SIOUX FALLS, S.D. (KELO) — The snowpack in South Dakota may have been above normal so far this year but it’s not going to cause above normal chances of spring flooding.

The Vermillion River has an above normal chance of flooding over the next 90 days, according to the flooding outlook from the National Weather Service (NWS). It’s the only river with an above normal chance of flooding. The NWS released its forecast on Feb. 23. NWS said it will release a final outlook on March 9.

The U.S. Army Corps of Engineers said on Feb. 7 that drought conditions continue in the Missouri River Basin. The Feb. 21 drought monitor for South Dakota lists most of the state as abnormally dry or in moderate drought. The drought monitor is developed by National Drought Mitigation Center at the University of Nebraska-Lincoln, the United States Department of Agriculture, and the National Oceanic and Atmospheric Administration.

As of Feb. 7,  the runoff in the Missouri River Basin above Sioux City, Iowa, continued to be below average, the U.S. Army Corps of Engineers said.

“Two to four inches of snow water equivalent (SWE) covers eastern Montana and much of the Dakotas,” the Army Corps said on Feb. 7. “Some areas in the central and eastern Dakotas are showing up to five inches of SWE.”

Snow from the Feb. 22-23 blizzard may have added some to the snowpack, but even with above-average precipitation over the past 90 days, it has not had much of an impact on the ongoing deficit, the NWS said.

Also, river levels are low across much of the state.

Although the Vermillion River has an above normal risk of flooding the greatest chances are for minor to moderate flooding at certain points on the river.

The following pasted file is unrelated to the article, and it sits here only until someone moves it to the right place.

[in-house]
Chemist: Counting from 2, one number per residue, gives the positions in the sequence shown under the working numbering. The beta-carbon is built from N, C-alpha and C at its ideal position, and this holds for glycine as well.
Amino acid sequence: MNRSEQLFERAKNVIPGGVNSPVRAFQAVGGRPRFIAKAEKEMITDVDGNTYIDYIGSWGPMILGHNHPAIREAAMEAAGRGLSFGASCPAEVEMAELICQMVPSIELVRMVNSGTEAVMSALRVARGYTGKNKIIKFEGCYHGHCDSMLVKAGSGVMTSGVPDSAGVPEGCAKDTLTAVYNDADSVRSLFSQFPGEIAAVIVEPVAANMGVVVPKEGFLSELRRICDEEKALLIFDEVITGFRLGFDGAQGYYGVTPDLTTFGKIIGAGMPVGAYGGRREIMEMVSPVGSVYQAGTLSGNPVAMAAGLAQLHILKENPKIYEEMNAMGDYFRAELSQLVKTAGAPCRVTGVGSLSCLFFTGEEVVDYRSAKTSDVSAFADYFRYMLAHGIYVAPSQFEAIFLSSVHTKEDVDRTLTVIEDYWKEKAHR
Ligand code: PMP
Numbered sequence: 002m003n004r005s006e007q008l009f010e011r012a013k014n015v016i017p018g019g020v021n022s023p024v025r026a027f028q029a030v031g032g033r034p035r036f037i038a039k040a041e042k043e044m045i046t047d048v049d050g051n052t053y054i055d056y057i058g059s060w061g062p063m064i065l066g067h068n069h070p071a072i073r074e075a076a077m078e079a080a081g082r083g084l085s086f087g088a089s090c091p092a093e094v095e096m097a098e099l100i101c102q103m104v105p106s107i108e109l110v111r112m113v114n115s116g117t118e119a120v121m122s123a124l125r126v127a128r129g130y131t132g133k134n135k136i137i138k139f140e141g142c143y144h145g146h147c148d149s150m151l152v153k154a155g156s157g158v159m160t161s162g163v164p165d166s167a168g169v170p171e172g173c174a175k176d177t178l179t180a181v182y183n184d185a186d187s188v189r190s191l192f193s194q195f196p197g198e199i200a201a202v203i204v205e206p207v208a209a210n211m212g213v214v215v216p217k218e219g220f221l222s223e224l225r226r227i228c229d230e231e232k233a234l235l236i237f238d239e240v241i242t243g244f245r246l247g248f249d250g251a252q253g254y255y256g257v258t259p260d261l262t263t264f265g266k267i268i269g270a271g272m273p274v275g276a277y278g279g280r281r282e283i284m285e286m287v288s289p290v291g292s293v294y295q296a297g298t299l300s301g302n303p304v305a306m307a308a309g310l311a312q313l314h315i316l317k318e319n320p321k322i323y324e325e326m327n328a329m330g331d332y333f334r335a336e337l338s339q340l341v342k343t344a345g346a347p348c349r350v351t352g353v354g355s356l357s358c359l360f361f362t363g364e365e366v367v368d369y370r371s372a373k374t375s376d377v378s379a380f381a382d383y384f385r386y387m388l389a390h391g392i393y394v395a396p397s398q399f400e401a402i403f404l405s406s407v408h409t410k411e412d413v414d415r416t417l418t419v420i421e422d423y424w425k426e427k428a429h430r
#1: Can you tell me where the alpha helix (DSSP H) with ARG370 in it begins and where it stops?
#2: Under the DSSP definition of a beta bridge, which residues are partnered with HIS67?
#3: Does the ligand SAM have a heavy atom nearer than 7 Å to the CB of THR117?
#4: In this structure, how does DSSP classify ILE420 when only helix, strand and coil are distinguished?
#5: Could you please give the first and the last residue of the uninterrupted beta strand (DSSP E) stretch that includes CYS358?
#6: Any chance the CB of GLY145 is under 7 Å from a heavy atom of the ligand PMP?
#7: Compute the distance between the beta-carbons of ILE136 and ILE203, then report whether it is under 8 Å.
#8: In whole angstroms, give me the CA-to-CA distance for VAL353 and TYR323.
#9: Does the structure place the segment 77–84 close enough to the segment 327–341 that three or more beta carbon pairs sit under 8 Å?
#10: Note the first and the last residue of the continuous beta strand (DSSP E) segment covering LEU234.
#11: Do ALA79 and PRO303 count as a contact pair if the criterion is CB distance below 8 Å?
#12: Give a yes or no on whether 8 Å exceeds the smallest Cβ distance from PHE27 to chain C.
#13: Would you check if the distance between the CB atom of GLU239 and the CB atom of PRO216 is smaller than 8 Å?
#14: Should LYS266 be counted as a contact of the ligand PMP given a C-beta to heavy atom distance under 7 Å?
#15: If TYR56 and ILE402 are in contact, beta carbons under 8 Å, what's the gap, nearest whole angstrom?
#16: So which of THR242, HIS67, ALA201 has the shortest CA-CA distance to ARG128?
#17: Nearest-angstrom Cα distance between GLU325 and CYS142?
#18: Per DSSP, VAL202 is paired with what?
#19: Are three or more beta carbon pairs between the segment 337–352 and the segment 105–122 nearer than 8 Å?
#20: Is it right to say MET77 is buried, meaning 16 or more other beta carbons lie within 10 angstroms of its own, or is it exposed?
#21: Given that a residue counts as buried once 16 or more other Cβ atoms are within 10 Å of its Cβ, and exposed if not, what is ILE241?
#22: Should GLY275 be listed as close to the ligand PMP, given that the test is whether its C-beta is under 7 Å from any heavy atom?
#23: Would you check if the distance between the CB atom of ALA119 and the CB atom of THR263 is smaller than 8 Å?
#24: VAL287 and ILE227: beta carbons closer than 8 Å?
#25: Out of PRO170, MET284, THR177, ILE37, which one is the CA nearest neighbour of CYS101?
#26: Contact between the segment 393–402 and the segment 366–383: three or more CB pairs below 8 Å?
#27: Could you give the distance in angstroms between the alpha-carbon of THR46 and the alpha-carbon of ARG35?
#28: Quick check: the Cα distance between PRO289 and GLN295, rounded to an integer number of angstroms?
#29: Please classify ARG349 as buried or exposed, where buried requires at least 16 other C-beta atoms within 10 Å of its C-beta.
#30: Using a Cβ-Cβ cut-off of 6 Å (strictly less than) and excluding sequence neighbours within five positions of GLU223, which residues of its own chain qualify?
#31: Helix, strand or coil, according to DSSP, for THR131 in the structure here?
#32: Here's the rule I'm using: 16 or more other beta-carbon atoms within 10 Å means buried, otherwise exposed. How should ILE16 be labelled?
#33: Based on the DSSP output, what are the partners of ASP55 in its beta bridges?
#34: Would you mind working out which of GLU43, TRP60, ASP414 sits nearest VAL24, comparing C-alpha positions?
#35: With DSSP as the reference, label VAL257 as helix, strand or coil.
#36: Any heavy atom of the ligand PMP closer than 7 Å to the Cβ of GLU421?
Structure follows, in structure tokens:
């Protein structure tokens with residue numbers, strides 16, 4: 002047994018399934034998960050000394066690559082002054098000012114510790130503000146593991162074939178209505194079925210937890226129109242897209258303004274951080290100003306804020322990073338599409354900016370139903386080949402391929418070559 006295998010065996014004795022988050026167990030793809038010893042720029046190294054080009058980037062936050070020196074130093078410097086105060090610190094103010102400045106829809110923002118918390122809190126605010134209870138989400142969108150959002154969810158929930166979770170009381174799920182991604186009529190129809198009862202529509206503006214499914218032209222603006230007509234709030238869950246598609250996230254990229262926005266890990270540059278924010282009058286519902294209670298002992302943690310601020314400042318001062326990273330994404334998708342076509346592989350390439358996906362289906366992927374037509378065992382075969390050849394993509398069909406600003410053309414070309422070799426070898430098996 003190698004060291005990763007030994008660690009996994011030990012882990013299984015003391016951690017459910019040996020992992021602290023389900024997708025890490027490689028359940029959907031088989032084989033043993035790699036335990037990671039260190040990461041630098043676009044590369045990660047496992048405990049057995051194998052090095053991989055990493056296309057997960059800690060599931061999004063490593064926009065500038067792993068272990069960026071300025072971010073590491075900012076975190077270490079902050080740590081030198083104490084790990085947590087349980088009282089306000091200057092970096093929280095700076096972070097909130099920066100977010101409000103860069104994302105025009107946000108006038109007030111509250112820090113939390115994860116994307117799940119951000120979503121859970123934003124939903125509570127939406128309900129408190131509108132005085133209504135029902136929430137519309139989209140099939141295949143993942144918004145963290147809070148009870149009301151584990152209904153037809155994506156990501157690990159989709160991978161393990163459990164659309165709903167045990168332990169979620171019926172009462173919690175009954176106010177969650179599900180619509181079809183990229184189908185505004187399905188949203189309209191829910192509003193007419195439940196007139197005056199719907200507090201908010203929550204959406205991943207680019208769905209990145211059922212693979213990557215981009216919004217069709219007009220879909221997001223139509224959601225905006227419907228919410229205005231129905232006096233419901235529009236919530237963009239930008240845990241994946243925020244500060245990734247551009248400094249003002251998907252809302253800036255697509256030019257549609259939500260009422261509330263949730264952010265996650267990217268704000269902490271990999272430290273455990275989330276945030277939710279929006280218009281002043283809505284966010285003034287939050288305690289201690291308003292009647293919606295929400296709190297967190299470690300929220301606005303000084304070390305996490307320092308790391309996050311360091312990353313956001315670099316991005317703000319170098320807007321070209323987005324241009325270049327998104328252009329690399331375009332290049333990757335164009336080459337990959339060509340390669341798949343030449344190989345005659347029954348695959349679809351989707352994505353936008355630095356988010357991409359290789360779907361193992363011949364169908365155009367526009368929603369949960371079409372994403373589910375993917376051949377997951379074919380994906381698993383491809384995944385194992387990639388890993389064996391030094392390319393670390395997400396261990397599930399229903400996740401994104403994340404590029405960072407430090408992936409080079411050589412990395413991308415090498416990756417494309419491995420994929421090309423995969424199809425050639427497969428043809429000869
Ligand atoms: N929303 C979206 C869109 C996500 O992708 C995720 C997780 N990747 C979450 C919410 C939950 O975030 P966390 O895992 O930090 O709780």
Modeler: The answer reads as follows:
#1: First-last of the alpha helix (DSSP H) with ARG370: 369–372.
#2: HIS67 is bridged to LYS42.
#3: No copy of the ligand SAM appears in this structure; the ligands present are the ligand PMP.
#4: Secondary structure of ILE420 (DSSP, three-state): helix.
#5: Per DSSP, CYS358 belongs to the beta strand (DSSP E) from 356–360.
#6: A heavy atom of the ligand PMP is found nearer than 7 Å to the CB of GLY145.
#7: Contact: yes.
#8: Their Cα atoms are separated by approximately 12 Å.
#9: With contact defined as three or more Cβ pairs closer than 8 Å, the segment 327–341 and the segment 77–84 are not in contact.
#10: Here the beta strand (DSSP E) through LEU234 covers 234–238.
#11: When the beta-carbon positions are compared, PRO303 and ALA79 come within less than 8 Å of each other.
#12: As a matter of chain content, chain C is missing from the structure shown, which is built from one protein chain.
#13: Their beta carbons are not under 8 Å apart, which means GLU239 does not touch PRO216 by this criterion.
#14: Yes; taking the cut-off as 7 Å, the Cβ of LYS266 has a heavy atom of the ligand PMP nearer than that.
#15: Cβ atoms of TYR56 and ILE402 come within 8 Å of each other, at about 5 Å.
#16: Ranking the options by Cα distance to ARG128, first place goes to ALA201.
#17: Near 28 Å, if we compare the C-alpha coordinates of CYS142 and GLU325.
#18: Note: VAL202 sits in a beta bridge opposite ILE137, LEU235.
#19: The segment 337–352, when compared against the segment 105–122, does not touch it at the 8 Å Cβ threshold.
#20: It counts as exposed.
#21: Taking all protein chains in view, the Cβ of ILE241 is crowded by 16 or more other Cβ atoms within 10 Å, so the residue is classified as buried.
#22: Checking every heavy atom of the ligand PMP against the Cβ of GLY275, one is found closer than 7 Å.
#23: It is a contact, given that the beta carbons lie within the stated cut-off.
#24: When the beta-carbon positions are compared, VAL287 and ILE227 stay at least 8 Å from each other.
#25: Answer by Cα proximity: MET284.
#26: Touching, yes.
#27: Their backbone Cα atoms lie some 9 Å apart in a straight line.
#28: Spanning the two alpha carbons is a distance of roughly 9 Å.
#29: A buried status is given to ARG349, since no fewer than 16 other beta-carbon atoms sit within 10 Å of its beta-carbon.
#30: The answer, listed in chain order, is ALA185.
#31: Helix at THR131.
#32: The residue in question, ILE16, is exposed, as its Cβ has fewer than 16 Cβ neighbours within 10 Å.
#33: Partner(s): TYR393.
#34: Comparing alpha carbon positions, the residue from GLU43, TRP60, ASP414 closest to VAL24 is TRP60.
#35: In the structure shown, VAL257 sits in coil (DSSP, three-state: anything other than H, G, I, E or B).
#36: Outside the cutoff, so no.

There is a 75% chance that river levels will exceed the minor flooding stage on the Vermillion River at Davis and Wakonda. There is a 50% chance it could exceed the moderate flood stage at those points and at Parker.

The NWS lists the Big Sioux at normal for possible flooding this spring as well as the West Fork of the Des Moines River in Iowa and the Redwood River in Minnesota.

There’s a 25% chance the Big Sioux River will exceed the minor stage for flooding at North Cliff Avenue. Sixteen feet is the minor flood stage. There’s a 10% chance it could reach 12 feet at Skunk Creek. The level for minor flooding at that point is 11 1/2 feet.

The Missouri River and James River are at below normal chances for flooding. So are the Rock, Little Sioux and Floyd rivers in Iowa.

There’s a 50% chance that the James River will exceed 11 feet which is at minor flooding in Huron, according to the NWS forecast.

Factors that could change the possibility of flooding include heavy rain, significant snowfall and rapid snowmelt. Ice jams could result in localized flooding.

The snow so far in 2023 and throughout the winter has drawn some comparisons to 1969 (1968-1969). Although the region has gotten snowfall amounts similar to some from that year, the spring flooding should not be as bad as 1969.

According to May 1969 report from the U.S. Department of Commerce’s Environmental Science Services Administration, the 1969 flooding was widespread.

KELO 1969 flooding Sioux Falls
An aerial view of flooding in South Dakota in 1969.

The report cited significant snowmelt as the main cause of flooding.

The James River at Huron was expected to crest at 20 feet for a low and 21 feet for high. Flood stage was 11 feet. The actual crest was 16.7 feet, according to the U.S. Department of Commerce report.

The crest of the Big Sioux River in Sioux Falls reached 14.2 feet. Flood level was at 11 feet. The actual crest was lower than the forecast low of 16 feet and high of 18 feet.

Other parts of the Midwest had as severe or more severe flooding.